A Grand Way to Chronicle a War - The Lure of Paris's Hotel Scribe in World War II

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In this new release from Now and Then, Ronald Weber chronicles the brief, boisterous final year of World War II at the Hotel Scribe in Paris, headquarters for Allied journalists. Through the Scribe’s doors passed the cream of wartime reporters—among them Janet Flanner and Ernest Hemingway, George Orwell and William Saroyan, Edward R. Murrow and Robert Capa—as well as the foot soldiers of newspapers, magazines, wire services, and film.

If you were a war correspondent covering the Allied invasion of Europe in 1944, you had a dirty, exhausting, and dangerous job—unless you worked out of the Hotel Scribe in Paris. The Scribe, in this instance aptly named, was Allied press headquarters after the liberation of Paris. Author Ronald Weber recounts how the hotel became a clearinghouse for all the war news that flowed from Europe as the Allied armies drove into Germany. In its comfortable rooms with some of Paris’s only hot baths, its restaurants serving coveted black-market food, and its mahogany-paneled basement bar, newsmen could be found at work and play.

“Someday someone will write the proper history of the Scribe Hotel as the working and social center of war correspondents.” —Harry C. Butcher, My Three Years with Eisenhower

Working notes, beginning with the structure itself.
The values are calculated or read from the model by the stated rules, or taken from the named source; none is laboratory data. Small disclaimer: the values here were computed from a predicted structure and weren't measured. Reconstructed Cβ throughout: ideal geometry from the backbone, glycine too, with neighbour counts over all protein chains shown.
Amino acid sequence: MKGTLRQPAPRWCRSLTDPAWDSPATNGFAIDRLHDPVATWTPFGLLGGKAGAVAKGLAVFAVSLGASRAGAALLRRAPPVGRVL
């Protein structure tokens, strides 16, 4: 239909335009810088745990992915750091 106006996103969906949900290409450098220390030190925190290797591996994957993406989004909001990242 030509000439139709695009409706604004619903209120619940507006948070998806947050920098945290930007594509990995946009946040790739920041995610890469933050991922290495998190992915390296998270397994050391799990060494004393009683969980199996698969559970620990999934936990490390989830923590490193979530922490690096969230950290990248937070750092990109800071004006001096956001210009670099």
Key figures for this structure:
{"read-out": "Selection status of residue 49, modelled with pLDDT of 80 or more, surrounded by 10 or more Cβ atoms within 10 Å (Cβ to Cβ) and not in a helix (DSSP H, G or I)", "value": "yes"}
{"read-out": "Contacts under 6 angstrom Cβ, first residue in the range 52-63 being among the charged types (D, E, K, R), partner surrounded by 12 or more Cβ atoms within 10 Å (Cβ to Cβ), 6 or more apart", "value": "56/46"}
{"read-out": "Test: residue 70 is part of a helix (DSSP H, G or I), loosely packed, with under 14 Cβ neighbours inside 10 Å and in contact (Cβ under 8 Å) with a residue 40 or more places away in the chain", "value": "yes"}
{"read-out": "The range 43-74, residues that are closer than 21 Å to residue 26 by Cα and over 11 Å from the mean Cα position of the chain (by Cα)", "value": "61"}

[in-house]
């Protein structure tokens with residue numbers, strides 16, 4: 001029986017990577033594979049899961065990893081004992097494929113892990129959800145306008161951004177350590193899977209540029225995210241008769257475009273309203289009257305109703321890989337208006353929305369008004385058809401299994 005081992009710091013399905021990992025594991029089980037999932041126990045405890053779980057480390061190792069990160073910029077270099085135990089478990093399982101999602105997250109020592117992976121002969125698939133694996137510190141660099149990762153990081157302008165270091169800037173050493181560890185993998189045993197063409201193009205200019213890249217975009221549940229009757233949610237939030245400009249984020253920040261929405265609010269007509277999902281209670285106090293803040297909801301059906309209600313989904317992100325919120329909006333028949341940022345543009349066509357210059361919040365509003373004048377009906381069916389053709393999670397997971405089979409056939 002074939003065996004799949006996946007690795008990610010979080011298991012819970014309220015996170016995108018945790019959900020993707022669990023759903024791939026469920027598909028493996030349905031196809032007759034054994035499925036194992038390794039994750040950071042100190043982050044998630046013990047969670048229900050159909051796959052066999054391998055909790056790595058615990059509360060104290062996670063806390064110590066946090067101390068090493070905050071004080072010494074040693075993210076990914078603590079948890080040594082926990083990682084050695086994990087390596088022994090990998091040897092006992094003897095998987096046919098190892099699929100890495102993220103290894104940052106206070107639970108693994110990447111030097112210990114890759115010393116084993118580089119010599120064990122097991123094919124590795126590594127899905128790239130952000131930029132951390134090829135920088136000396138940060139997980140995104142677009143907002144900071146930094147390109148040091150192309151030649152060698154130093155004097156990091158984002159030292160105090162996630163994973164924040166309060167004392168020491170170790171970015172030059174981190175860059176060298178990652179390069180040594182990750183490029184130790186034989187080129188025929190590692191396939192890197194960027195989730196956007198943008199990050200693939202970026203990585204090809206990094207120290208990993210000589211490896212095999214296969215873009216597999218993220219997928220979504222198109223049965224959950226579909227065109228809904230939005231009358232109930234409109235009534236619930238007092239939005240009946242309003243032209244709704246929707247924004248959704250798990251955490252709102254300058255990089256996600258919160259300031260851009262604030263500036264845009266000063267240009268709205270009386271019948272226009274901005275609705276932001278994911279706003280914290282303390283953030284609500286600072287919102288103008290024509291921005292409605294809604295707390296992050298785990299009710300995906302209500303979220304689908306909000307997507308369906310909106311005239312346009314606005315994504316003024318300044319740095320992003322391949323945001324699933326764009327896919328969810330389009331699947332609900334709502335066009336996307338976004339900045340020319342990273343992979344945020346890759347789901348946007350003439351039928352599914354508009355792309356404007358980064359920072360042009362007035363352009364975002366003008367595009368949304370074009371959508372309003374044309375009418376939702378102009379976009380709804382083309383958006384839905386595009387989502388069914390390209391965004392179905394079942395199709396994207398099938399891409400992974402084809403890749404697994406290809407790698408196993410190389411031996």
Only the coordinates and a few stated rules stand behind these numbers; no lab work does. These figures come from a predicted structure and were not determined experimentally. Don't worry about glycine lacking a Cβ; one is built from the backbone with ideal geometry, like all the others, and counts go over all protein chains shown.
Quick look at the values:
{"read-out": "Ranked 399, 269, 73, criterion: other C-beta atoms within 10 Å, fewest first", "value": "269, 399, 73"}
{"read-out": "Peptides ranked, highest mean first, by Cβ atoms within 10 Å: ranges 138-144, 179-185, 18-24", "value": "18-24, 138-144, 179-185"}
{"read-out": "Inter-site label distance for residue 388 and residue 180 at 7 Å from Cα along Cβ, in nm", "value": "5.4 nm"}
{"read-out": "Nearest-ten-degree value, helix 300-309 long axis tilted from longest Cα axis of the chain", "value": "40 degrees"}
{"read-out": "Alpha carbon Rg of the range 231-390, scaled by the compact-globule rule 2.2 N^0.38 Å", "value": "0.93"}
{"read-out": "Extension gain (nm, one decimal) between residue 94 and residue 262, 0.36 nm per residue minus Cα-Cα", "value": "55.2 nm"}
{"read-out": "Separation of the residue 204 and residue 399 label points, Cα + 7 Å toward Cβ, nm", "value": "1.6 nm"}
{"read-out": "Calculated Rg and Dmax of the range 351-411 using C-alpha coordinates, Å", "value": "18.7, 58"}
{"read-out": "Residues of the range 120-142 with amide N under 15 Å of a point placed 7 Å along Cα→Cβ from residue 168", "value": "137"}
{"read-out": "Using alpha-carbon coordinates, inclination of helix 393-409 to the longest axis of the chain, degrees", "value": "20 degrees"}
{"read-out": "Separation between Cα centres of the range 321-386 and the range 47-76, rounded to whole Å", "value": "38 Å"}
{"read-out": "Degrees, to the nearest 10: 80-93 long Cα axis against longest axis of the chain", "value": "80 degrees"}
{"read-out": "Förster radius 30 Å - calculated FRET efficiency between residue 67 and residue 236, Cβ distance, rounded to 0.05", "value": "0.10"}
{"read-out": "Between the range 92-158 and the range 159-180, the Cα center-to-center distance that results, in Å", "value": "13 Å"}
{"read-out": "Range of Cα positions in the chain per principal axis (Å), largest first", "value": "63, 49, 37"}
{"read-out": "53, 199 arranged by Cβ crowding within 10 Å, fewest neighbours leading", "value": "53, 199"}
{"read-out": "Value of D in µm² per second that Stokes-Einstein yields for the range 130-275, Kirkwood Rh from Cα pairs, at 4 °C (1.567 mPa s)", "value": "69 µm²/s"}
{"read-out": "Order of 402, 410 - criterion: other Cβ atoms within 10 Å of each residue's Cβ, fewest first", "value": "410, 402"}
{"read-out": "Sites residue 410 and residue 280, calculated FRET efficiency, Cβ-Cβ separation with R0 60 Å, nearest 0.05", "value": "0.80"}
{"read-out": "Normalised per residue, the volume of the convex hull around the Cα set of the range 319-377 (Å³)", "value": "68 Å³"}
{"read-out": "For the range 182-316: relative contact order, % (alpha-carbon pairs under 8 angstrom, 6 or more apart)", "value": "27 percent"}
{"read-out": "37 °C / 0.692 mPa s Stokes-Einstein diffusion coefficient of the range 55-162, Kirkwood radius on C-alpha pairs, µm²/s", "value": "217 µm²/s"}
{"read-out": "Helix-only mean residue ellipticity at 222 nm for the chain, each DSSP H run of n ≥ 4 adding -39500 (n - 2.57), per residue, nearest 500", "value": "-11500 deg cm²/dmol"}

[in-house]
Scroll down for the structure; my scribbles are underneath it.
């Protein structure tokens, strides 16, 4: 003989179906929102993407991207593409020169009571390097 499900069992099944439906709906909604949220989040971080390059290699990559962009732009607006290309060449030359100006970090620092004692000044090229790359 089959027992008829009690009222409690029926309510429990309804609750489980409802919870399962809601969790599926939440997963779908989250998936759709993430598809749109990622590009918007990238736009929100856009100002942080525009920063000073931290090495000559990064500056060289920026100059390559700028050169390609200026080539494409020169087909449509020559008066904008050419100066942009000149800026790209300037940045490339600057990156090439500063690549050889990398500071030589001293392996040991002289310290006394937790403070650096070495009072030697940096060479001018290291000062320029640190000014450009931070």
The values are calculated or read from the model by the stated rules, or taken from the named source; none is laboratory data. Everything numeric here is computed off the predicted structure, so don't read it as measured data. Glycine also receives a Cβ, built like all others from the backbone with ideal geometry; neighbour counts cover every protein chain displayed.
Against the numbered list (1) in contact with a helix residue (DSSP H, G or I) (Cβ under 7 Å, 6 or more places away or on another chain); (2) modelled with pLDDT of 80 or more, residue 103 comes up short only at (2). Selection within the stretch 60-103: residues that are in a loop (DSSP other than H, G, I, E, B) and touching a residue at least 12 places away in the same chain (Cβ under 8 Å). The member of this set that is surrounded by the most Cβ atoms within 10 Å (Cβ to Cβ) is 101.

As Weber describes its charming chaos, the Scribe could accommodate as many as five hundred correspondents. Its denizens covered Allied action on the broad Western front. And it remained rooted in Paris through the end of war. Immediately after the liberation of Paris and its “occupation,” the Hotel Scribe took on an aura of journalistic legend.

Now and Then Reader, a publisher of long articles for e-readers, will release exclusively 'A Grand Way to Chronicle' the War on April 13th.

Ronald Weber is professor emeritus of American Studies at the University of Notre Dame. His most recent books are 'The Lisbon Route: Entry and Escape in Nazi Europe', a History Book Club selection, and 'Riverwatcher', a mystery novel. He lives in Valparaiso, Indiana.

This new digital title headlines a growing list of short nonfiction books published by Now and Then Reader, a publishing house co-founded by industry veteran Ivan R. Dee. Now and Then titles typically range from 5,000 to 25,000 words and focus on historical writings, including original works, excerpts, and reprints. Now and Then offers free and paid content on its website http://www.nowandthenreader.com.

For a review copy of 'A Grand Way to Chronicle the War', or to schedule an interview with Ronald Weber, please contact Lindsay Bekken at Lindsay.Bekken(at)nowandthenreader(dot)com or 801-618-2010.

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Lindsay Bekken
since: 09/2011
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